Another Interesting Day
This year we hosted our one-day conference An Interesting Day in Amsterdam.
On August 16th, we swapped out Norwegian fjords and invited 250 people out to play in our curated ball pit at De School.
Play is serious business. For this year’s conference, we wanted to create a space where playing is encouraged, celebrated and explored. While we invited speakers, artists and guests based on their professional backgrounds, their talks and showcases were not strictly about work. The conference was all about freedom and the unexpected.
It was recess, basically.
Anna Holmes, Ida Tin, Zach Lieberman, Joy Mutai, Elise By Olsen & Morteza Vaseghi and Tracy Ma gave fun and inspiring talks on their work, motivations, and playfulness. Each being announced by Pasquale D’Silva and Simon Panrucker through impromptu introduction songs.
What women (really) want
Writer and editor, Anna Holmes, proved that frustration can fuel creation. With the creation of Jezebel, Holmes changed people’s idea of what “female” is by offering a counterweight to the superficial media directed at women. Since having moved on to Topic, an online magazine at the forefront of culture, Holmes has also come to appreciate the power of visual storytelling.
Power to (49.56% of) the people
Ida Tin, motorcyclist and CEO of the menstrual and reproductive app Clue, is all about the cycle. By providing women with scientific data about their bodies, identities and ways of being, Tin believes Clue can empower women to claim ownership of their own health and lives.
Playing the present, tensely
Tracy Ma, visual editor at The New York Times, regularly pokes fun at politicians, conventions and herself in her work. Ma believes playfulness can be a useful tool, one that needs tension to be effective. For her Bloomberg Businessweek cover featuring Warren Buffet, she found exactly that in combining the face of an old, white male with the aesthetics of a teenage girl’s bedroom.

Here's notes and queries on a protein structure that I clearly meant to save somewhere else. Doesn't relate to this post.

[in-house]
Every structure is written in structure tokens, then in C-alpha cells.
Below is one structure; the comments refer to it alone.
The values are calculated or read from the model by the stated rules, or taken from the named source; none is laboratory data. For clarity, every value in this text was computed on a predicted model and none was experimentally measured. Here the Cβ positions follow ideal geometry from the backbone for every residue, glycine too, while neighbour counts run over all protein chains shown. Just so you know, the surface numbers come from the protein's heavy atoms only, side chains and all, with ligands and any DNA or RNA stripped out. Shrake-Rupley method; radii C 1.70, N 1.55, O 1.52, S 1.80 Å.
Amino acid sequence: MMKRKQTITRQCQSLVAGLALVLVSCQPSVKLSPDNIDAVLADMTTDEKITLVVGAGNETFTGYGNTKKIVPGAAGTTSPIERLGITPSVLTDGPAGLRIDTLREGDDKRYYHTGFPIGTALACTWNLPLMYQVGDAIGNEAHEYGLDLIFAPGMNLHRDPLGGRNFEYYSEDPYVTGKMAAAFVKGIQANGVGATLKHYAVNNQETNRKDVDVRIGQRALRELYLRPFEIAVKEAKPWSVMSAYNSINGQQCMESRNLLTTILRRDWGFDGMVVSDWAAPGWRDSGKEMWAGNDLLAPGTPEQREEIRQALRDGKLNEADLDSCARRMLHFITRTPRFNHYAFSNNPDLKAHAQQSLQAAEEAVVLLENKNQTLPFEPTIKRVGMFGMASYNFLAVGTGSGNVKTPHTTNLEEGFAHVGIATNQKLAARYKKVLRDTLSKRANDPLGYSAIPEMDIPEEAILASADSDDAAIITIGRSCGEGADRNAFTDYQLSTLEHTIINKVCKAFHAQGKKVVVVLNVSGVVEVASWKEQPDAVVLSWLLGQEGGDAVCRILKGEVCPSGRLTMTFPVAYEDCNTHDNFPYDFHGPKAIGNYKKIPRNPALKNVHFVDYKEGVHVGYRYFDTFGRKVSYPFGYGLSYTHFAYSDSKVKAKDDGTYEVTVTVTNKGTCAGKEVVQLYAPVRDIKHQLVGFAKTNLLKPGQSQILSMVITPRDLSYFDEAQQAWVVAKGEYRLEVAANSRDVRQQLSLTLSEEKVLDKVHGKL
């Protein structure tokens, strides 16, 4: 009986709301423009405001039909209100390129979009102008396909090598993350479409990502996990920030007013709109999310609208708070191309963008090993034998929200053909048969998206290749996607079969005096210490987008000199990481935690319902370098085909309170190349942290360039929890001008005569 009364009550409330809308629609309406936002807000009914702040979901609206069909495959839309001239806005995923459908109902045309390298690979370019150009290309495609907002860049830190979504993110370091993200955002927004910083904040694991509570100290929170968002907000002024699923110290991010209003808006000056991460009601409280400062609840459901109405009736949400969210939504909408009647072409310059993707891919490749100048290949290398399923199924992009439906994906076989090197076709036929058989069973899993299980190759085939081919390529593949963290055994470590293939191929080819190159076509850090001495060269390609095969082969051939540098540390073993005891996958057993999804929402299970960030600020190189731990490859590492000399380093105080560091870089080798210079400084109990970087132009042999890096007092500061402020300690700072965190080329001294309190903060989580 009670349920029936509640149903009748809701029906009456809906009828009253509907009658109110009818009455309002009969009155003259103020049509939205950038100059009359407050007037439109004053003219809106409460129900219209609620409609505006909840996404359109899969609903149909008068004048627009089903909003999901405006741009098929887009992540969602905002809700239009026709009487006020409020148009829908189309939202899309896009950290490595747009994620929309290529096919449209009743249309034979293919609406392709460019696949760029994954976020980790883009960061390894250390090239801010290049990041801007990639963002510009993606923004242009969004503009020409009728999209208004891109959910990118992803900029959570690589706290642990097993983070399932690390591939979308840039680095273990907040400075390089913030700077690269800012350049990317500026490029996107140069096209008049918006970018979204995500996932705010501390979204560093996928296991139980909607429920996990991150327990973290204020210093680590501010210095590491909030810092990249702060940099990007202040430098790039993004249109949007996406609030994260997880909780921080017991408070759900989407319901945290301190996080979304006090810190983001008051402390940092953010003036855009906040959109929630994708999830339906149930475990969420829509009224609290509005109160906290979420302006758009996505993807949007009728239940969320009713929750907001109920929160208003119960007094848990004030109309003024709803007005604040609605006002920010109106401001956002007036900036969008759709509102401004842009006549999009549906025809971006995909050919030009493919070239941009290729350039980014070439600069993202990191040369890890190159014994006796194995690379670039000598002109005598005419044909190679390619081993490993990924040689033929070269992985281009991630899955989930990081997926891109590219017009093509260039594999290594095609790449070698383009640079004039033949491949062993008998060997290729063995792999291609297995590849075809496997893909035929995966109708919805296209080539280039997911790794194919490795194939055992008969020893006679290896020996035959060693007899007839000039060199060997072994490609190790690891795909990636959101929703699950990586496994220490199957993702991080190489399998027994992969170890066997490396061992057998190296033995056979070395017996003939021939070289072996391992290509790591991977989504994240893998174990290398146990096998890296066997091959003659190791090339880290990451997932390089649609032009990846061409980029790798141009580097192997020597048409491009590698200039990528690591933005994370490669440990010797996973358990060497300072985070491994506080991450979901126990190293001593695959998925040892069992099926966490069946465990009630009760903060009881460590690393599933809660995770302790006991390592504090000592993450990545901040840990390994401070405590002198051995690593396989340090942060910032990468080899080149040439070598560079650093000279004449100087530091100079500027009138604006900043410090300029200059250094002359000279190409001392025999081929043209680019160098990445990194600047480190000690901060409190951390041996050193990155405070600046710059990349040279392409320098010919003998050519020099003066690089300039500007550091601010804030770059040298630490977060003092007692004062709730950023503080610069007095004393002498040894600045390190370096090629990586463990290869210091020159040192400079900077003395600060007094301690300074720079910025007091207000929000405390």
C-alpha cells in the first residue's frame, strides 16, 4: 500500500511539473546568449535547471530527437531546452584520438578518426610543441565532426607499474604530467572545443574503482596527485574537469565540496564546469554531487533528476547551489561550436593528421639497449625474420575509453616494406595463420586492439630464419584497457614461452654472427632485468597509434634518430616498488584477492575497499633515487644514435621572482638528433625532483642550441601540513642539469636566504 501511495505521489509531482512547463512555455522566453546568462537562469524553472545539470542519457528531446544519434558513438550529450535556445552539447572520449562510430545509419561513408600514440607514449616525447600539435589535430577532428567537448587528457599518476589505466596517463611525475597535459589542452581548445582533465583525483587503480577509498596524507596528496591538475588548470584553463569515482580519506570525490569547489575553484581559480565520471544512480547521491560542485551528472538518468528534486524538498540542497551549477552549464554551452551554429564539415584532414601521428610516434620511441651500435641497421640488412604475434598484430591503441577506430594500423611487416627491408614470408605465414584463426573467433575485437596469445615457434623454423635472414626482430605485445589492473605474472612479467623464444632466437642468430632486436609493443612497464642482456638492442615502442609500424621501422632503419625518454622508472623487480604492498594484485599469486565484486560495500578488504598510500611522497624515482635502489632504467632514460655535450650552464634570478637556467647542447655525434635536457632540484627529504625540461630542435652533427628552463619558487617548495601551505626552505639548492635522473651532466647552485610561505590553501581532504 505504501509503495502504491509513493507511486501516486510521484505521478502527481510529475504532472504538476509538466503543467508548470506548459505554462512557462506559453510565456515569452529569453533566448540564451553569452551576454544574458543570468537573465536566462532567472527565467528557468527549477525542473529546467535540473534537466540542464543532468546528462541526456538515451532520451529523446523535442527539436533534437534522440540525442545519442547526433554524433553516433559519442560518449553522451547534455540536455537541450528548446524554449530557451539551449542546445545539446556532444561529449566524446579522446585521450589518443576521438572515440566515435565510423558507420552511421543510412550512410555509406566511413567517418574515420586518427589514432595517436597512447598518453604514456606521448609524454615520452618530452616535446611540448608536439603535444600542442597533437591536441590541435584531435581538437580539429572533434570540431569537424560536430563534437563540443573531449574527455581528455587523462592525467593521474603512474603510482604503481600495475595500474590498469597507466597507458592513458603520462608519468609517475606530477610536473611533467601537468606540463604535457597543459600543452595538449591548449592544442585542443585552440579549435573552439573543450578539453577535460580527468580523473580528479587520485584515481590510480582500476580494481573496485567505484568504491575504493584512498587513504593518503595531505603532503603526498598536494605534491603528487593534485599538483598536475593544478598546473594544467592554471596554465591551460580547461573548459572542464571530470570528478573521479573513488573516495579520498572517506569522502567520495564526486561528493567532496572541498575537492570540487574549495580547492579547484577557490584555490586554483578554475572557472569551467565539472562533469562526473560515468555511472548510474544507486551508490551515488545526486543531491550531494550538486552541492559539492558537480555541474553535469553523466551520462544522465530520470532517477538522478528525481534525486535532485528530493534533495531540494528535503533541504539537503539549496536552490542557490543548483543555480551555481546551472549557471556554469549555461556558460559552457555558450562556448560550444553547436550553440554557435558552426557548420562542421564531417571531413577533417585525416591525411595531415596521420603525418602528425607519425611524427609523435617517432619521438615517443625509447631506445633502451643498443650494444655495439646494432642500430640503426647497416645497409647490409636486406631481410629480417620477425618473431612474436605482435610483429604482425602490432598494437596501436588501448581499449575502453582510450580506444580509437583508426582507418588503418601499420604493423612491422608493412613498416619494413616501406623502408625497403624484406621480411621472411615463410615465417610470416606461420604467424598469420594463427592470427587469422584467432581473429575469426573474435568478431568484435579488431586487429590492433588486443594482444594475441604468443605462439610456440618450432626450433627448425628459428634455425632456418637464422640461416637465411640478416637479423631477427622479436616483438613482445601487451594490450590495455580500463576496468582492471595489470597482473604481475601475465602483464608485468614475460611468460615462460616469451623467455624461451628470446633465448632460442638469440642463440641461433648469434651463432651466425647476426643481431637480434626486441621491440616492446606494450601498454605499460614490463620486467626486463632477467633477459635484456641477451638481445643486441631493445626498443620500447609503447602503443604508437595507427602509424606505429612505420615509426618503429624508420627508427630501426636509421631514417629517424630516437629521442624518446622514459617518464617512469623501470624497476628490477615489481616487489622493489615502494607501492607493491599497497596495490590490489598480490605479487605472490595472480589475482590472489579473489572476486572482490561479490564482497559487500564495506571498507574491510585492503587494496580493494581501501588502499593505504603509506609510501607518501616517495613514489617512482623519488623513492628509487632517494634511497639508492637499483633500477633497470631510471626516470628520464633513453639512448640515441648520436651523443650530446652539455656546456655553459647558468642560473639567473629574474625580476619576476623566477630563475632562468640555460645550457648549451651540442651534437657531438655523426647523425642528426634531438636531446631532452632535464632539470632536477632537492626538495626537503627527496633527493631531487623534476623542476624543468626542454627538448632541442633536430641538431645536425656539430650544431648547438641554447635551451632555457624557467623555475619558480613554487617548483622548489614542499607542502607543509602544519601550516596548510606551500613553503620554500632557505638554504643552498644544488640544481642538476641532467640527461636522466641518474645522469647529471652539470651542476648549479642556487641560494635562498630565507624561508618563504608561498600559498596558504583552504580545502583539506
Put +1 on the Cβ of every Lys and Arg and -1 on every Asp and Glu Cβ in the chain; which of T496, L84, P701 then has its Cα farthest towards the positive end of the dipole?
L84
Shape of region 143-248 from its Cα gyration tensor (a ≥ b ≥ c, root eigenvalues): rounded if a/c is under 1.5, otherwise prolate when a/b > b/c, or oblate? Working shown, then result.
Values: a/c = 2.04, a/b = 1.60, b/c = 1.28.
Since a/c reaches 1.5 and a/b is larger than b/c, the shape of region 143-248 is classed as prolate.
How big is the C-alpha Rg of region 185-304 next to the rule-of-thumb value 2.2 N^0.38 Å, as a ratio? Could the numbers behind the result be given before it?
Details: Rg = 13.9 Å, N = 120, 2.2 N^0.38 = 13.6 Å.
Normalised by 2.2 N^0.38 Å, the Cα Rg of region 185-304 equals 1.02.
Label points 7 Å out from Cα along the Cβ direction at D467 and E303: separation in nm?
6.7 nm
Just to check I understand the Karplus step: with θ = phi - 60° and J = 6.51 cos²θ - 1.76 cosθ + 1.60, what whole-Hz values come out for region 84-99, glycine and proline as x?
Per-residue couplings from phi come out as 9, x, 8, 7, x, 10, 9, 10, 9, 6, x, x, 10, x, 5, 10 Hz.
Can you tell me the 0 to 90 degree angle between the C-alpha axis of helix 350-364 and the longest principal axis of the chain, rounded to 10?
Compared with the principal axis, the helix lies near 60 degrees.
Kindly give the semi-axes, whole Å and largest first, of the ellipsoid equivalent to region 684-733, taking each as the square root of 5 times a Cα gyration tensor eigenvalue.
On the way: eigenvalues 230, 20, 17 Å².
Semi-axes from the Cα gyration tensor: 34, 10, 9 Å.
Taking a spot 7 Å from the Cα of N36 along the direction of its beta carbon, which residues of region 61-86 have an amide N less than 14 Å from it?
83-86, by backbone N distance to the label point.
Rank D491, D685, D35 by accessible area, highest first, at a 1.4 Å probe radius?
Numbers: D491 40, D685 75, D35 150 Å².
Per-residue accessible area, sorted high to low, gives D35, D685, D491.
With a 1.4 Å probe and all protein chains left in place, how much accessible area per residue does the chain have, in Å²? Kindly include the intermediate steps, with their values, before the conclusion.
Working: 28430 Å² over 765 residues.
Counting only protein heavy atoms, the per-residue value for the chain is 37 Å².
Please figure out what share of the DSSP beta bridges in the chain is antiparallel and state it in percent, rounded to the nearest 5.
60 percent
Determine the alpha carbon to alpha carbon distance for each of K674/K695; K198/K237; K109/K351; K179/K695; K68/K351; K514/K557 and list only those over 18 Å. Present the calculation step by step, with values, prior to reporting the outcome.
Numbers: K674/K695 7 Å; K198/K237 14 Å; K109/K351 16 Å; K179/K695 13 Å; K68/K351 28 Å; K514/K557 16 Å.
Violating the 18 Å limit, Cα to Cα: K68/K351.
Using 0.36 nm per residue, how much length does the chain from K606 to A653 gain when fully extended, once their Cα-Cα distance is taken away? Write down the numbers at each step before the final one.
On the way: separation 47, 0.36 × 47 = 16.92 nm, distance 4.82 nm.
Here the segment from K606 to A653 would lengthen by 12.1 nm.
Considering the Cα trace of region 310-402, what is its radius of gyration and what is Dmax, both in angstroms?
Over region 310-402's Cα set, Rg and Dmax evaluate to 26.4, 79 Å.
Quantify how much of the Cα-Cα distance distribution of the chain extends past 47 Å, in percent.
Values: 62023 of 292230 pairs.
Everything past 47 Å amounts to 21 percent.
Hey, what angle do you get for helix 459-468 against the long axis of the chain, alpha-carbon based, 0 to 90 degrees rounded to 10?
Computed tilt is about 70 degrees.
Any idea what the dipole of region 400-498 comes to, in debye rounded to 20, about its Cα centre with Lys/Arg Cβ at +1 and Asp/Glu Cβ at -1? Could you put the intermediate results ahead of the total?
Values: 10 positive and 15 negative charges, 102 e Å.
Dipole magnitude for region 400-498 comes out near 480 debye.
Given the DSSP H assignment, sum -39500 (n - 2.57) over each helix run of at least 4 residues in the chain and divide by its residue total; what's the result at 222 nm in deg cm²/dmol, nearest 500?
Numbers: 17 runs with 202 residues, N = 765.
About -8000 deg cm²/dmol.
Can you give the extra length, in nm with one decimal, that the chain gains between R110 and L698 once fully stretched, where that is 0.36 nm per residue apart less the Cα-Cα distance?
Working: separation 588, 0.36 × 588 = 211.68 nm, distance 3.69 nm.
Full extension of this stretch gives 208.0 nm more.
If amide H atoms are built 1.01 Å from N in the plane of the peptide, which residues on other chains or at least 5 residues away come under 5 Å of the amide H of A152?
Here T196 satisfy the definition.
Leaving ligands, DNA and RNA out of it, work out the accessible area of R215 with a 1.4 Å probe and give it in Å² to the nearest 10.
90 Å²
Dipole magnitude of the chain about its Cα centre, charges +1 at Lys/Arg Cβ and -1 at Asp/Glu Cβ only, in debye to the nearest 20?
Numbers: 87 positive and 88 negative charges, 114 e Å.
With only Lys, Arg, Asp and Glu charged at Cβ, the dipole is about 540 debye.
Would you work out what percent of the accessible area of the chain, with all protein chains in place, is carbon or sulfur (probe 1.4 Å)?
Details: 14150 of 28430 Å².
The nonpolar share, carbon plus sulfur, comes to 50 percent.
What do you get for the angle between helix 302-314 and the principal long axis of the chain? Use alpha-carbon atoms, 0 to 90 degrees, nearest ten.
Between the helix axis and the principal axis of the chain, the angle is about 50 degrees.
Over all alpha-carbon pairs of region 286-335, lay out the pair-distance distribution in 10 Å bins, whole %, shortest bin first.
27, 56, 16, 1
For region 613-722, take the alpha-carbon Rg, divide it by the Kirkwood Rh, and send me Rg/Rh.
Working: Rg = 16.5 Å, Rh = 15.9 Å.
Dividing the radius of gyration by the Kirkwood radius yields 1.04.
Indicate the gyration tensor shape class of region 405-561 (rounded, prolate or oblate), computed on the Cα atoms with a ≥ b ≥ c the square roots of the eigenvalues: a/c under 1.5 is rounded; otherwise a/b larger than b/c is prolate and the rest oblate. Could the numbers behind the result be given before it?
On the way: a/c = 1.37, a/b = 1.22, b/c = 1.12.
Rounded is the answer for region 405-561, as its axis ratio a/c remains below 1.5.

Play it forward
Joy Mutai works with Block by Block and UN Habitat to improve the lives of people in developing cities. Through the use of the open sandbox game Minecraft and mixed reality, people are invited to influence the development of public spaces in their own communities.
For Elise By Olsen (editor) & Morteza Vaseghi (art director), playing has been an integral part of their collaboration. From turning the cover of their teen publication Recens Paper upside-down, to nominating By Olsen for a Guinness World Record as a stunt, the duo has made a lasting imprint on the publishing industry.
There and back again, and again, and again
Zach Lieberman, artist and experimental hacker, talked about his School for Poetic Computation, his daughter’s artwork and how to find one’s personal expression through playful iteration. His explorations with audiovisuals and AR resulted in an app that lets you to play with dynamic text and space, called Weird Type.